· 1 min read · News

Organisations should invest more in networks


Research busts myths such as that participating in a women’s network is detrimental to career progression

Organisations should invest more in the setup, development and delivery of networks, according to research from Women Ahead, supported by PwC and HSBC.

The Networks that Work report explores common myths regarding networks in firms. It found there was limited investment into roles that support and co-ordinate networks, despite their obvious value.

Myths explored include: the idea that participating in a women’s network is detrimental to career progression (which it found is mostly disproven), and that smaller networks perform better than larger ones (which was found to be only partly supported by evidence).

Jane Booth, head of research for Women Ahead, explained that the conclusions were drawn from speaking to employees at 31 organisations. “We wanted to really be able to understand what each case was like,” she said, speaking at the research launch at PwC’s offices in London.

Birgit Neu, global head of diversity and inclusion at HSBC, speaking at the same event, said that networks are extremely important at the bank. “We have tens of thousands of people in our networks,” she explained. “As the numbers of organisational and cross-company networks are ever increasing, it is critical to understand and appreciate how professional diversity networks operate to be able to better support their growth and contribution.”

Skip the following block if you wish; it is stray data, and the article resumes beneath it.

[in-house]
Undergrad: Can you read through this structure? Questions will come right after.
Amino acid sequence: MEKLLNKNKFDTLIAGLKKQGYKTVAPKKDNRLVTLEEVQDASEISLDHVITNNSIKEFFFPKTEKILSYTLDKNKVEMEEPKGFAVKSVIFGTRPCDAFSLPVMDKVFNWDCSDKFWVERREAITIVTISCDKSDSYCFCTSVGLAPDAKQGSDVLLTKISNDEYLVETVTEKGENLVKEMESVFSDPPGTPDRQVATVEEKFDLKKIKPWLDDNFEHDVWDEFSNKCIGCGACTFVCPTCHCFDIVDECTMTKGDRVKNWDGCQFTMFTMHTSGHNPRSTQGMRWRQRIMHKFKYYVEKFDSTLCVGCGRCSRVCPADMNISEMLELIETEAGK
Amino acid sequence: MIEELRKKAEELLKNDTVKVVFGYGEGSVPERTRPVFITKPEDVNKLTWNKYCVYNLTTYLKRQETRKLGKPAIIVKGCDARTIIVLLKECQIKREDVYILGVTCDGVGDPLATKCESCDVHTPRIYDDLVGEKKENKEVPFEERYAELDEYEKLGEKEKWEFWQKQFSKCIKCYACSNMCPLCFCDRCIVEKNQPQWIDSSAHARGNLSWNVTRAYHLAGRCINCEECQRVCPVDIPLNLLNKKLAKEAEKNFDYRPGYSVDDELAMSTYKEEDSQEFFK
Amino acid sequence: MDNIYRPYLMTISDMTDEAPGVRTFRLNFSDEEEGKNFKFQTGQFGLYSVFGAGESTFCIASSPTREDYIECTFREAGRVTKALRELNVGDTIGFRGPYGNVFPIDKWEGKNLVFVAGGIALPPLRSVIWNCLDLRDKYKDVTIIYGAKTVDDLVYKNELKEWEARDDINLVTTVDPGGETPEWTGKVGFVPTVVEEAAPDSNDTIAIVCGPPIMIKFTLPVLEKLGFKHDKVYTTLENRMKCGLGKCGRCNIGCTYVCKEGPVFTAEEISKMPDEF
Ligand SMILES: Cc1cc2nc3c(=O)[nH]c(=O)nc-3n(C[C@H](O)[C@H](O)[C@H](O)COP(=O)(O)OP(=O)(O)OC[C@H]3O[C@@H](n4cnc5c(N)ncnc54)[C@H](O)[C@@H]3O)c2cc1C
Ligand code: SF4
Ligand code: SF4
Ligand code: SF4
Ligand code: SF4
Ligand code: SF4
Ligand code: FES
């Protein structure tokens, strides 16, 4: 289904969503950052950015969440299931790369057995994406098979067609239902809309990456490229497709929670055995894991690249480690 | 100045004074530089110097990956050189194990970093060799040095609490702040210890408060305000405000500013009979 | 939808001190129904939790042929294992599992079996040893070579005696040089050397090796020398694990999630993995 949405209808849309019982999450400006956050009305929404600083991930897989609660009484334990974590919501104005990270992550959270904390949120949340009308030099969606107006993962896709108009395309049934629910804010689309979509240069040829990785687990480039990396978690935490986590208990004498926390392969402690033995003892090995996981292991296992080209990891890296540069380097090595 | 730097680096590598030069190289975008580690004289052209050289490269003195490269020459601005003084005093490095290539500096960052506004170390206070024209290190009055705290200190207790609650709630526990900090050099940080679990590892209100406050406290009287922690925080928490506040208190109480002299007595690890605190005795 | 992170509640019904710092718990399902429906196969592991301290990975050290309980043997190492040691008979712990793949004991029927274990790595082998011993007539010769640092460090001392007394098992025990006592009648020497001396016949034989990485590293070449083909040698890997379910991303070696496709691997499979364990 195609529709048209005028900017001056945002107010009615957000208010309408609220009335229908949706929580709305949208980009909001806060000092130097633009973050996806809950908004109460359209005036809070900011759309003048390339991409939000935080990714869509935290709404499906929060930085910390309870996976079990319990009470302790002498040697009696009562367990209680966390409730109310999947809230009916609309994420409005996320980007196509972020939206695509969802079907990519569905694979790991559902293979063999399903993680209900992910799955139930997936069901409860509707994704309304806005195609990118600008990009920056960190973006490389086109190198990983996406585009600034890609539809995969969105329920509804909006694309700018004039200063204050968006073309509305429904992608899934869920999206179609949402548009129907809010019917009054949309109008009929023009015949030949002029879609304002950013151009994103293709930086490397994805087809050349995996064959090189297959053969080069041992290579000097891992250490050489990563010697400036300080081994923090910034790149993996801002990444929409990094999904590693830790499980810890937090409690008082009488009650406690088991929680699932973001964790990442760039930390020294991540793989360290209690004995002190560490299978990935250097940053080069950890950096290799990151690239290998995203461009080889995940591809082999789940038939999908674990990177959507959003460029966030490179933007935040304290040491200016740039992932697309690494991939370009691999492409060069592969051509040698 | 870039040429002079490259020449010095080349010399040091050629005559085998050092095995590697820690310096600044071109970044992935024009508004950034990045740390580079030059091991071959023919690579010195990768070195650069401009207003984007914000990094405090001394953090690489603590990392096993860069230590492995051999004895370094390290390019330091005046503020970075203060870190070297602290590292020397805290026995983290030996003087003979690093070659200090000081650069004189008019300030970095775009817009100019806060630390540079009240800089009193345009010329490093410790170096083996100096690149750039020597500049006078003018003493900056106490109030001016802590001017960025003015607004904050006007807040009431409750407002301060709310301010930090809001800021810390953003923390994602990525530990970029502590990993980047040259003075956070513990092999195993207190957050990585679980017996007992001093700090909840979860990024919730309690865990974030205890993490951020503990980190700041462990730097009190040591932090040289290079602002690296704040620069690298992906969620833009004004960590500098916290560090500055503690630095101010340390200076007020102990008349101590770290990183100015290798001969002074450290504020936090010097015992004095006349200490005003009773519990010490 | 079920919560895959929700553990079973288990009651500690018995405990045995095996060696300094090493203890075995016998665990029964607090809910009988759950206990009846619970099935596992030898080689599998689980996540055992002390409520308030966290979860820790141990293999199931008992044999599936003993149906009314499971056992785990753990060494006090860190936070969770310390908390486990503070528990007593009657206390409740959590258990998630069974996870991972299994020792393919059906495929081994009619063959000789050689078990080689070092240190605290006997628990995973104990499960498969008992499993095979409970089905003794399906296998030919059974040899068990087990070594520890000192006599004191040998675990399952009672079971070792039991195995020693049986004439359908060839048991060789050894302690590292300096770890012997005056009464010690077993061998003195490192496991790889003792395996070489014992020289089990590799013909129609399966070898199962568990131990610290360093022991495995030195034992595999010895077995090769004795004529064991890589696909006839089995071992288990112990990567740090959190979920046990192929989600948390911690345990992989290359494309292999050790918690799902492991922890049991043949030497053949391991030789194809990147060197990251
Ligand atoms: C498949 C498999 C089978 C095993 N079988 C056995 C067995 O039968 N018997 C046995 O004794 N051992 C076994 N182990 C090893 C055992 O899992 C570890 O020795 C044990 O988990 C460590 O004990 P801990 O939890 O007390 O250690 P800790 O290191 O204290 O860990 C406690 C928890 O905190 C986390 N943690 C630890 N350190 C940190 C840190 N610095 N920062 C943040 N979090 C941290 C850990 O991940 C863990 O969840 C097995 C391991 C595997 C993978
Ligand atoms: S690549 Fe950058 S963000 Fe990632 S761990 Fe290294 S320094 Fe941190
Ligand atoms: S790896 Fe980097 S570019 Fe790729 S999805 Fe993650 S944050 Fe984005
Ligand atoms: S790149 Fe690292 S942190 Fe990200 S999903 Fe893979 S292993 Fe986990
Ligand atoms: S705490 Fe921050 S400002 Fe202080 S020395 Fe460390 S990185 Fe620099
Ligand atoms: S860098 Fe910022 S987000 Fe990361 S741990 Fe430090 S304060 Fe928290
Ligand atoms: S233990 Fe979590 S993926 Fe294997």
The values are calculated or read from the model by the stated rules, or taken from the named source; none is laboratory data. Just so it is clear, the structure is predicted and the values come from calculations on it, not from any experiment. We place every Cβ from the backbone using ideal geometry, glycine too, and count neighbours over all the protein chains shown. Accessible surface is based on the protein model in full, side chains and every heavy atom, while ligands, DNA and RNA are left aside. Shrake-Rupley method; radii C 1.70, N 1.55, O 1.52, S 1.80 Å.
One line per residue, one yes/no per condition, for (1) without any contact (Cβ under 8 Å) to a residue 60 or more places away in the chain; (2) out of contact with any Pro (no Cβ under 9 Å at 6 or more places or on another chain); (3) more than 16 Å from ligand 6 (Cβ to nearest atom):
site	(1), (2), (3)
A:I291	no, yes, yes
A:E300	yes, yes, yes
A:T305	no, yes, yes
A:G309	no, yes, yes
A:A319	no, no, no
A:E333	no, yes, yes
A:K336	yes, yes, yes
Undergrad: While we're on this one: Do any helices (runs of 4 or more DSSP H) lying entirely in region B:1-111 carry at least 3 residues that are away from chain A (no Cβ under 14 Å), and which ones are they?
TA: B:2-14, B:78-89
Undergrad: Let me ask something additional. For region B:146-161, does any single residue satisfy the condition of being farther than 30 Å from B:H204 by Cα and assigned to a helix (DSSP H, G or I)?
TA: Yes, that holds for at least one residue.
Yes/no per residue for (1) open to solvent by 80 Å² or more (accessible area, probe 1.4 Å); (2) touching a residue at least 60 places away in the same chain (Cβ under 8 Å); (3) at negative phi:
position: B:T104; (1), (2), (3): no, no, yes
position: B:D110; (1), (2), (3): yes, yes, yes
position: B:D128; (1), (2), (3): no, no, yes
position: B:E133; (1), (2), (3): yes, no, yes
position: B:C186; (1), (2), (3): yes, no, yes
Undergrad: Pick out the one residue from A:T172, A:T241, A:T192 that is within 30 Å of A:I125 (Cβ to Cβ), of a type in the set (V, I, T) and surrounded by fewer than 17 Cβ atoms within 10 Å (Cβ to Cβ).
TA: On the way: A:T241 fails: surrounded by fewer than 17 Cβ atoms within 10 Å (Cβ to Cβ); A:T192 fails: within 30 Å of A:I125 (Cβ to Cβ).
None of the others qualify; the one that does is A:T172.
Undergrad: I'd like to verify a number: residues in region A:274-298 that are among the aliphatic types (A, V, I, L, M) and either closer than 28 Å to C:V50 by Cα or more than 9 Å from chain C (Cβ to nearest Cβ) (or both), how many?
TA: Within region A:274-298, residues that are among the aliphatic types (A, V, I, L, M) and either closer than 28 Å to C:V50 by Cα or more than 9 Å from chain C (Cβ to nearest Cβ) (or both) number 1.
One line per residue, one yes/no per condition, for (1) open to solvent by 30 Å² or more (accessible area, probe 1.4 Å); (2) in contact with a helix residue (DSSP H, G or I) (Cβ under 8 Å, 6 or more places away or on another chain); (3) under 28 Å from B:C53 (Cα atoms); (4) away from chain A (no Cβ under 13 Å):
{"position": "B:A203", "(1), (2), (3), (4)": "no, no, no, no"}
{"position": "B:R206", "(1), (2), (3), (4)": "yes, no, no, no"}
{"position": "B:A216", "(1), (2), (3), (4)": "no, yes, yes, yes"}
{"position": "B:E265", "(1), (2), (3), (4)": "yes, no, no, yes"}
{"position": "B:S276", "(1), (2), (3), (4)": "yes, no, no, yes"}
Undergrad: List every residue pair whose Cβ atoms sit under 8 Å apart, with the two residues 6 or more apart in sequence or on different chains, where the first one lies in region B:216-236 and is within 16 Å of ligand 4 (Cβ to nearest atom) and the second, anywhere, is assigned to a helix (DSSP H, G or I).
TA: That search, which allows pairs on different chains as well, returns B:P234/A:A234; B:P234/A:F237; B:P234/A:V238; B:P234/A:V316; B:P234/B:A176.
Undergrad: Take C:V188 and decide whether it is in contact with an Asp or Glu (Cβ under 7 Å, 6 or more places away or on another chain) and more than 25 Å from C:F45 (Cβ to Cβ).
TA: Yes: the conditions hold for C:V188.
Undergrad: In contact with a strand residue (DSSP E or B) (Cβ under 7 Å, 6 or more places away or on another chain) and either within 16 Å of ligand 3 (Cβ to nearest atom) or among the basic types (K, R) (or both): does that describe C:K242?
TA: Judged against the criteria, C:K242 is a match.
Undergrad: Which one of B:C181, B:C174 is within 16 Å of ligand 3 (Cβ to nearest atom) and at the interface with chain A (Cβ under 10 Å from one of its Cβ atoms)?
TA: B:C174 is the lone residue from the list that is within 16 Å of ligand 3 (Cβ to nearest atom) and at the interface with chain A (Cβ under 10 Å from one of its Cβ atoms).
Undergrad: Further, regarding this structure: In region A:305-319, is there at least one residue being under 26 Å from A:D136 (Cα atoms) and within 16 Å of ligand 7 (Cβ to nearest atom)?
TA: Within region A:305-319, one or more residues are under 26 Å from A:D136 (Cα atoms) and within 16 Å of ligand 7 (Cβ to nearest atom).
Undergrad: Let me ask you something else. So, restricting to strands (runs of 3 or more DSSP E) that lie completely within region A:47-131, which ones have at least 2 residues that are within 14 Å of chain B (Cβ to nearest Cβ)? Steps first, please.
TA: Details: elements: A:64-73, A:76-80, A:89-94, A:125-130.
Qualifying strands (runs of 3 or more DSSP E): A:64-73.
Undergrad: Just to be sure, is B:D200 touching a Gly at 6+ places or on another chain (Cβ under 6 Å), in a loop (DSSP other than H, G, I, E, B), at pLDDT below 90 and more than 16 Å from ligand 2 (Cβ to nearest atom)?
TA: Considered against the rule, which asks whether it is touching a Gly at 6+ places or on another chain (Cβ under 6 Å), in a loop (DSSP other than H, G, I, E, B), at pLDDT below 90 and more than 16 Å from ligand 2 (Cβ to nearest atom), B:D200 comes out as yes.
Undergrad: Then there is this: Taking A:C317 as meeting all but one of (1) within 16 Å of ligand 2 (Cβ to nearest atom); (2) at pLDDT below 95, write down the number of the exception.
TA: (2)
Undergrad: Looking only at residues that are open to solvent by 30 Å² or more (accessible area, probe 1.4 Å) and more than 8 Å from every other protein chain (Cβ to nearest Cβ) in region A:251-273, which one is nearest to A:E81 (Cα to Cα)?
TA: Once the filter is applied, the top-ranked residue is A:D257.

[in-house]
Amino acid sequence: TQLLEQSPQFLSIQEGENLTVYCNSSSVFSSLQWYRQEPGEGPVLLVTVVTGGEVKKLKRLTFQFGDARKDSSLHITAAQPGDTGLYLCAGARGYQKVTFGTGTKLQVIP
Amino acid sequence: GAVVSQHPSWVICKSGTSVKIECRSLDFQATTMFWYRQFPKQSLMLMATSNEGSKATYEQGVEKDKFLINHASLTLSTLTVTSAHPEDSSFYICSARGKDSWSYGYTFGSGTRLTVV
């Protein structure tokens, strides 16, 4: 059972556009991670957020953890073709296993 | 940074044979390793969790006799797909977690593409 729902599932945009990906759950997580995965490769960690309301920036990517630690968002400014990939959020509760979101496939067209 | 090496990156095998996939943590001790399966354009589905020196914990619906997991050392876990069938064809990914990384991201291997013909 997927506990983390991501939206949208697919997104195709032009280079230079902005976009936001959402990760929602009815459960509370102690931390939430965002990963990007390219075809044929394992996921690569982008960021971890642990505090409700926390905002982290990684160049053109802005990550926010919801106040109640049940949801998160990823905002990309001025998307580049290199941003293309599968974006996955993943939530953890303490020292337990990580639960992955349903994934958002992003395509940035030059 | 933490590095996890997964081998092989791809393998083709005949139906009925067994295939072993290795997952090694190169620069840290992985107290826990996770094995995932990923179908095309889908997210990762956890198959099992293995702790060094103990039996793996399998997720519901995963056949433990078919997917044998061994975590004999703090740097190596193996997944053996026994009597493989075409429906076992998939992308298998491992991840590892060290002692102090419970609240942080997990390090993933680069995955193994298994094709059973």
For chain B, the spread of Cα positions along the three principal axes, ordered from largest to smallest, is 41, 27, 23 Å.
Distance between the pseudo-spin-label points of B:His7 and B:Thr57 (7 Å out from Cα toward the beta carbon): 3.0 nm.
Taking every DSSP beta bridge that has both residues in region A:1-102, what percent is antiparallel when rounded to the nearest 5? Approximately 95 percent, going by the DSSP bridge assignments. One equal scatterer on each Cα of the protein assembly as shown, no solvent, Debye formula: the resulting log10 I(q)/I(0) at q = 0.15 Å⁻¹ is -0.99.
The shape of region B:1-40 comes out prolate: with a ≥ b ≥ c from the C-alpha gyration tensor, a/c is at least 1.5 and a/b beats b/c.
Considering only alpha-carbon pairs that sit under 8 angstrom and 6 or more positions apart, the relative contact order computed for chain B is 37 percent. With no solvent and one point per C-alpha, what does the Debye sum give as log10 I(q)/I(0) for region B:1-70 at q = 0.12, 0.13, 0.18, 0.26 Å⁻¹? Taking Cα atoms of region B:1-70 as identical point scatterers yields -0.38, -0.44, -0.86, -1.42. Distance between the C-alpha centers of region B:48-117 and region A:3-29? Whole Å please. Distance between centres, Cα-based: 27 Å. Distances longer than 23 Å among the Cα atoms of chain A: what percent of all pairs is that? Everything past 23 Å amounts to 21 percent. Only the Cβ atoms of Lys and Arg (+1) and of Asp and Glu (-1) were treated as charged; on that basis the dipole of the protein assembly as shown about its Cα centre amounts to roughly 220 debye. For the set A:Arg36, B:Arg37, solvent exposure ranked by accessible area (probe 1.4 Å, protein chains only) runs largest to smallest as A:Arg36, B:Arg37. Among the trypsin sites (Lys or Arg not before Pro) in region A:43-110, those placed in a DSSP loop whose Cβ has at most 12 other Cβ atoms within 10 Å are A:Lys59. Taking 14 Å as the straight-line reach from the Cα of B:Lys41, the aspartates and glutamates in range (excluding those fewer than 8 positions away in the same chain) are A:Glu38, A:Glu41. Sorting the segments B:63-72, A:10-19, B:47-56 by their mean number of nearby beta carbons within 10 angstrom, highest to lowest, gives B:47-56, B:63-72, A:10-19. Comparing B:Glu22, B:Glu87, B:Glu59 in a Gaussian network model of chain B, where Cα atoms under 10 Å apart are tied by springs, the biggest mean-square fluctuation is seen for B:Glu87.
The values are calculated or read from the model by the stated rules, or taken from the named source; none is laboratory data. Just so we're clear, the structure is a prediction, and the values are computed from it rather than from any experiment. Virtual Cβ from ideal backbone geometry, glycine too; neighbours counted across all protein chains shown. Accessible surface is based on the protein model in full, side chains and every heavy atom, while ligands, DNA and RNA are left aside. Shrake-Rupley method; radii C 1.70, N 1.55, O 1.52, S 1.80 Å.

Jonni Learoyd, HR project leader for Channel 4, said that celebrating difference is part of his company’s culture now, but this was not always supported by strong networks. “We like to embrace our differences at Channel 4,” he said. “Despite this when I started there were no LGBT or women’s networks. They grew organically, and helped to change our culture.”

Nishma Robb, head of ads marketing at Google, discussed the origins of the tech firm's networks. “Our women’s network was set up by Cheryl Sandburg when she realised she was often the only woman in the room during meetings,” she said. “When she spoke to other women in the business she realised they were facing the same challenges as her.”